Nowadays, it seems that everyone wants to get into screenwriting. However, most find that screenwriting isn’t like any other form of writing. Looking at a sample screenplay can be quite intimidating considering screenplays don’t look like stage play scripts nor do they read like a novel. Screenwriting is a very concise form of writing that is very visual in nature and is written in such a way actors can act out the script, not simply read it. It’s also is a marketable form of writing in which most screenwriters understand that they are not writing for mere aesthetic pleasure but for the expressed purpose of making themselves or their superiors money.
Most people who want to get into screenwriting don’t always have the privilege of moving to Hollywood or even attending college all over again to acquire the skill to do so. In most cases, those that want to learn the art and craft of screenwriting often turn no further than the local bookstore to find a book that can give them insight on the subject. However, one of the biggest complaints that most readers have is that these screenwriters who write these books are not accomplished or known in Hollywood themselves. So, it begs the question – just how reliable is the information?
Unlike most of these published authors on the market, Michael Lucker is no stranger to Hollywood. He’s worked on numerous projects including Vampire in Brooklyn, Home On the Range, Good Intentions, Mulan II and Spirit: Stallion of the Cimarron. Therefore, he can back up his advice by many years of experience and success.
Michael Lucker is no stranger to Reel Focus, either. A few years ago, he provided us with insight into screenwriting and offered a little advice specific to Georgians wanting to break into the market. This month he is back to share with readers information about his new book – Crash! Boom! Bang! How to Write Action Movies – releasing in June and will briefly discuss how he is helping to build Atlanta’s screenwriting community, one class at a time.
Welcome back, Mike! It’s always a pleasure to showcase you and your work on Reel Focus. Screenwriting is becoming a very popular form of writing because it’s the style of writing associated with Hollywood. For most, screenwriting equals big bucks, but before the big bucks start rolling in, screenwriters must have the right type of skill to entice producers to produce a film. Mike before we delve into how awesome your new book is, share with our readers one of the biggest myths that aspiring screenwriters believe.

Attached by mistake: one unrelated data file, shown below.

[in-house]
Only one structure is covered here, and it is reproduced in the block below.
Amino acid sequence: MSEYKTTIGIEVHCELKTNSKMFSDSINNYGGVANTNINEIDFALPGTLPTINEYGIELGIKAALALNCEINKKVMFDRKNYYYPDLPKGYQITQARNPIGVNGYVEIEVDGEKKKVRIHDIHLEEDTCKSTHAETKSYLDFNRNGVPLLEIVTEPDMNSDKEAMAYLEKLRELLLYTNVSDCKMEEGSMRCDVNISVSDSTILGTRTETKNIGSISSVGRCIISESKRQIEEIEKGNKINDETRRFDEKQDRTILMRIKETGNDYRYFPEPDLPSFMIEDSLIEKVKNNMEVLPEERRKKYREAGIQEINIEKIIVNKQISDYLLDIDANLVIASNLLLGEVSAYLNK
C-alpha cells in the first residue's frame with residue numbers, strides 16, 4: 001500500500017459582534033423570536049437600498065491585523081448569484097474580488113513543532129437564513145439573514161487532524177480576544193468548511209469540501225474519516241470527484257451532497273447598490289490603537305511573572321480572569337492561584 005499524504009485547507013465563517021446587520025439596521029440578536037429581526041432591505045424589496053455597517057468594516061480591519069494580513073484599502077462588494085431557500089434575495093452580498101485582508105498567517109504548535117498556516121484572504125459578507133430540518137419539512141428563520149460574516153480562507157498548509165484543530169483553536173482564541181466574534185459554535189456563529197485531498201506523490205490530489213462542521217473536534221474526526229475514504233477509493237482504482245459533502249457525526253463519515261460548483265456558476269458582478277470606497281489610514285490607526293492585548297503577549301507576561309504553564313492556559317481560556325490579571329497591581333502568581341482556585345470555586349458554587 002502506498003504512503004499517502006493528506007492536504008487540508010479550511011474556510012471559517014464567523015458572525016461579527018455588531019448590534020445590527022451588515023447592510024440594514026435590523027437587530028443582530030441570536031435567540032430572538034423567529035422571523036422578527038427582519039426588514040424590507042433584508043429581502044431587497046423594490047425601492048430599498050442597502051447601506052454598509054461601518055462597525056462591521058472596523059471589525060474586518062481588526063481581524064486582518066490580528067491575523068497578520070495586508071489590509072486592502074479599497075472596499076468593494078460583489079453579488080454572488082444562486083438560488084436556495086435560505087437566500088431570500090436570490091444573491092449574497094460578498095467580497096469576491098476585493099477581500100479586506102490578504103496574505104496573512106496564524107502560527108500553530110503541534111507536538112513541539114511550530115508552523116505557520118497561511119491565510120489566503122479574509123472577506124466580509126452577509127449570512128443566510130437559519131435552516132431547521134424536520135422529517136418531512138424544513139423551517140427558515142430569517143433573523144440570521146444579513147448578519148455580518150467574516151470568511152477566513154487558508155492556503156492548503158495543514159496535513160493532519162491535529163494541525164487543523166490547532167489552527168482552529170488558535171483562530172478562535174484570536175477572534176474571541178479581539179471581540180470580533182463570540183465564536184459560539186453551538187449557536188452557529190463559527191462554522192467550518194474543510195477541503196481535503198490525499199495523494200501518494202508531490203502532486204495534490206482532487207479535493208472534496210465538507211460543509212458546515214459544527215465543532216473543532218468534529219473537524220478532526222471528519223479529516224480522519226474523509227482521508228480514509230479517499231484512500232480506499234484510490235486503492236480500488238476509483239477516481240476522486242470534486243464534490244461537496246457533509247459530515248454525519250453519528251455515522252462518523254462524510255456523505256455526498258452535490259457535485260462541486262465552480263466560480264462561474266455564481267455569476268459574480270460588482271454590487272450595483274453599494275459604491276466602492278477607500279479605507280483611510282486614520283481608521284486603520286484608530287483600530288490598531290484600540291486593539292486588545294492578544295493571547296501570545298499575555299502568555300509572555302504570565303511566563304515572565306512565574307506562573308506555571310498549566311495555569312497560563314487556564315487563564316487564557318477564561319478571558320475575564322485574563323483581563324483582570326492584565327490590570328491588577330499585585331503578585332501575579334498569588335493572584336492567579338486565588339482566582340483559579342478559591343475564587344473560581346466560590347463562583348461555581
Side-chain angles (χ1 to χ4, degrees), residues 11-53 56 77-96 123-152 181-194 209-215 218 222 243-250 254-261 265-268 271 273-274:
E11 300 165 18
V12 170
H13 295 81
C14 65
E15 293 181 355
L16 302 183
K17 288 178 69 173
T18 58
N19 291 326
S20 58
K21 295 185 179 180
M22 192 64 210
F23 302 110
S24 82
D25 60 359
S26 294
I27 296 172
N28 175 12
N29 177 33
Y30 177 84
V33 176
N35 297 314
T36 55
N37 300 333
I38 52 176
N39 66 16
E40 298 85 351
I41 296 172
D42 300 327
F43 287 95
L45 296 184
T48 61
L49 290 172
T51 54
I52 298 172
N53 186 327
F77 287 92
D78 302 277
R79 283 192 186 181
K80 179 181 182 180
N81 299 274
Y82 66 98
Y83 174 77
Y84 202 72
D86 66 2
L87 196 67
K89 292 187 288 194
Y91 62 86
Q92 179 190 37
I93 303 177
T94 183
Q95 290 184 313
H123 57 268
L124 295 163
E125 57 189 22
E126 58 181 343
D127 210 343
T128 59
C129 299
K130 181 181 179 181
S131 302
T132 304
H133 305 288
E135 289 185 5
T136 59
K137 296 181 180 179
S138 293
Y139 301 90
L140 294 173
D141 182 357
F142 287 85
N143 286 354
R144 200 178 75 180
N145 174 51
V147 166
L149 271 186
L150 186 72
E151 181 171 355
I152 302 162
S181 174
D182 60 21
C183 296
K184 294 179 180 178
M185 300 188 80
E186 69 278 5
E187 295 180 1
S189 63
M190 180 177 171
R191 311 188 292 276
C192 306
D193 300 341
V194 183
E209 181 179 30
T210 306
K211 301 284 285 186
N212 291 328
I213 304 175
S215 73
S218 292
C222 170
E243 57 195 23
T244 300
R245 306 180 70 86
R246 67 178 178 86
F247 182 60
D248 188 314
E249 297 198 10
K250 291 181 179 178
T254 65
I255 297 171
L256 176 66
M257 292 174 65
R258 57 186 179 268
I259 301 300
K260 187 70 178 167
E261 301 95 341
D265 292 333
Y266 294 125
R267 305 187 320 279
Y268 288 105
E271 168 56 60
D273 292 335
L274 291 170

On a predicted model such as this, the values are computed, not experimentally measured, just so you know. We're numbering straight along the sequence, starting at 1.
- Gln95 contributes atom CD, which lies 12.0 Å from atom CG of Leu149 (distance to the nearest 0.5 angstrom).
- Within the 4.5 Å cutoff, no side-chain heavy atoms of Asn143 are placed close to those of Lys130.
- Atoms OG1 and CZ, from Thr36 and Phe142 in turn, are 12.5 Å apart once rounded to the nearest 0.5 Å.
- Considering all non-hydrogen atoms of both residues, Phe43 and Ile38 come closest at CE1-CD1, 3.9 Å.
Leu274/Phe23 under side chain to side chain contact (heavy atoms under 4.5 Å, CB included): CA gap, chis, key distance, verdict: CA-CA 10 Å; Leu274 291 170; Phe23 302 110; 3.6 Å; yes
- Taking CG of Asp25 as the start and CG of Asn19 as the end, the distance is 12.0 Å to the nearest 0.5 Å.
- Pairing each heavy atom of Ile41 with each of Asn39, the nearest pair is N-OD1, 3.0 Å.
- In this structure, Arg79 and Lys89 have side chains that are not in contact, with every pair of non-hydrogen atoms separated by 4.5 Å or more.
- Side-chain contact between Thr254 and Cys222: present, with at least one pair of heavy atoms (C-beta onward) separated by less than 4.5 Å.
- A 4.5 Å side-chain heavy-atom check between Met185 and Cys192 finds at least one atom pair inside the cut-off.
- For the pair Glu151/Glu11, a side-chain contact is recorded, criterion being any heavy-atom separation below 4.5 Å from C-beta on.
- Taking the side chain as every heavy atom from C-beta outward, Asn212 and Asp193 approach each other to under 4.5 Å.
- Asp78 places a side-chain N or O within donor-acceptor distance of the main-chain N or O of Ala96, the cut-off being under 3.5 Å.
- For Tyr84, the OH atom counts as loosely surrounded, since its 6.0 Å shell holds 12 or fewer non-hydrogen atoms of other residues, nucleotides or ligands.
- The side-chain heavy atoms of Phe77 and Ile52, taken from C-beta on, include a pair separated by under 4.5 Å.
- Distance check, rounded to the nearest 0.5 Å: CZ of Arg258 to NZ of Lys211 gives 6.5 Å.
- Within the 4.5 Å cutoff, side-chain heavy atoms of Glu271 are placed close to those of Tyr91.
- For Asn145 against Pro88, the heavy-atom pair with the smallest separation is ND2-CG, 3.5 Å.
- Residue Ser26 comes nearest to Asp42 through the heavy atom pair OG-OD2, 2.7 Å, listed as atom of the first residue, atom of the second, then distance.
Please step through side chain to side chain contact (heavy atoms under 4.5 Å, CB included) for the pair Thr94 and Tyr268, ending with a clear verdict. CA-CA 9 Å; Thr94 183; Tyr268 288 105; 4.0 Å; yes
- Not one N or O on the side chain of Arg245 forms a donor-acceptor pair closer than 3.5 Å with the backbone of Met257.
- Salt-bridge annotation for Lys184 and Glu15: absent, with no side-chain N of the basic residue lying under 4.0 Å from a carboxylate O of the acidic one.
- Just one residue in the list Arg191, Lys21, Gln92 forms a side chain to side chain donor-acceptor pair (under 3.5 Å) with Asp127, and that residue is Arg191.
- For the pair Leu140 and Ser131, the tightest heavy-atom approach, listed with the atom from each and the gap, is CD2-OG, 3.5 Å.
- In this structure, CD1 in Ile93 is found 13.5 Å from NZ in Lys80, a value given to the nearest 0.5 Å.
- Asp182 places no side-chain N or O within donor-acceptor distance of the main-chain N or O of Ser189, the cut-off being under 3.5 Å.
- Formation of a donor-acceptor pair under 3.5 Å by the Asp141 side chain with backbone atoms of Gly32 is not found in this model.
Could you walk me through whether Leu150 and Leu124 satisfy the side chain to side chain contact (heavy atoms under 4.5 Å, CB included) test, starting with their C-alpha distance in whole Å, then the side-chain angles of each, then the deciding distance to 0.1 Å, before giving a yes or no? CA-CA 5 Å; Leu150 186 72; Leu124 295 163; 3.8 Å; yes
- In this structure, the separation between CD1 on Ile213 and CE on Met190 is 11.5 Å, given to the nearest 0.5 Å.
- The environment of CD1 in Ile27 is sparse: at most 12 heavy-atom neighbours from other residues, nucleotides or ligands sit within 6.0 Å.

That’s easy. They feel it’s too hard… to write a script, to break into the business, to get a movie made. Look at how many channels are on your TV, I say. Cable, Netflix, Hulu, Amazon! How many movies are playing in theaters around the world? Someone has to write them. Why can’t that be you? Those writers had to learn to write movies and series. Why can’t you do it?
Now onto the meaty stuff. Tell us more about your book and what makes it much more different than most screenwriting books currently on the market.
“Crash! Boom! Bang!” is the sum of my experience working in Hollywood as a screenwriter and in Atlanta as a screenwriting professor. It’s full of all the nuts and bolts one needs to know to not only write great action movies, but all kinds of movies. What sets it apart, I think, are the stories. I open up about the wins and losses I’ve had in the screenwriting business in order to help others. While it’s forced me a bit out of my comfort zone, I’ve found that the real and often funny tales from the trenches are what make writing for film and TV feel accessible. My students leave my classes with not only the know-how to write great screenplays, but the belief they can succeed doing it. Hopefully the book will do the same for people all over the world.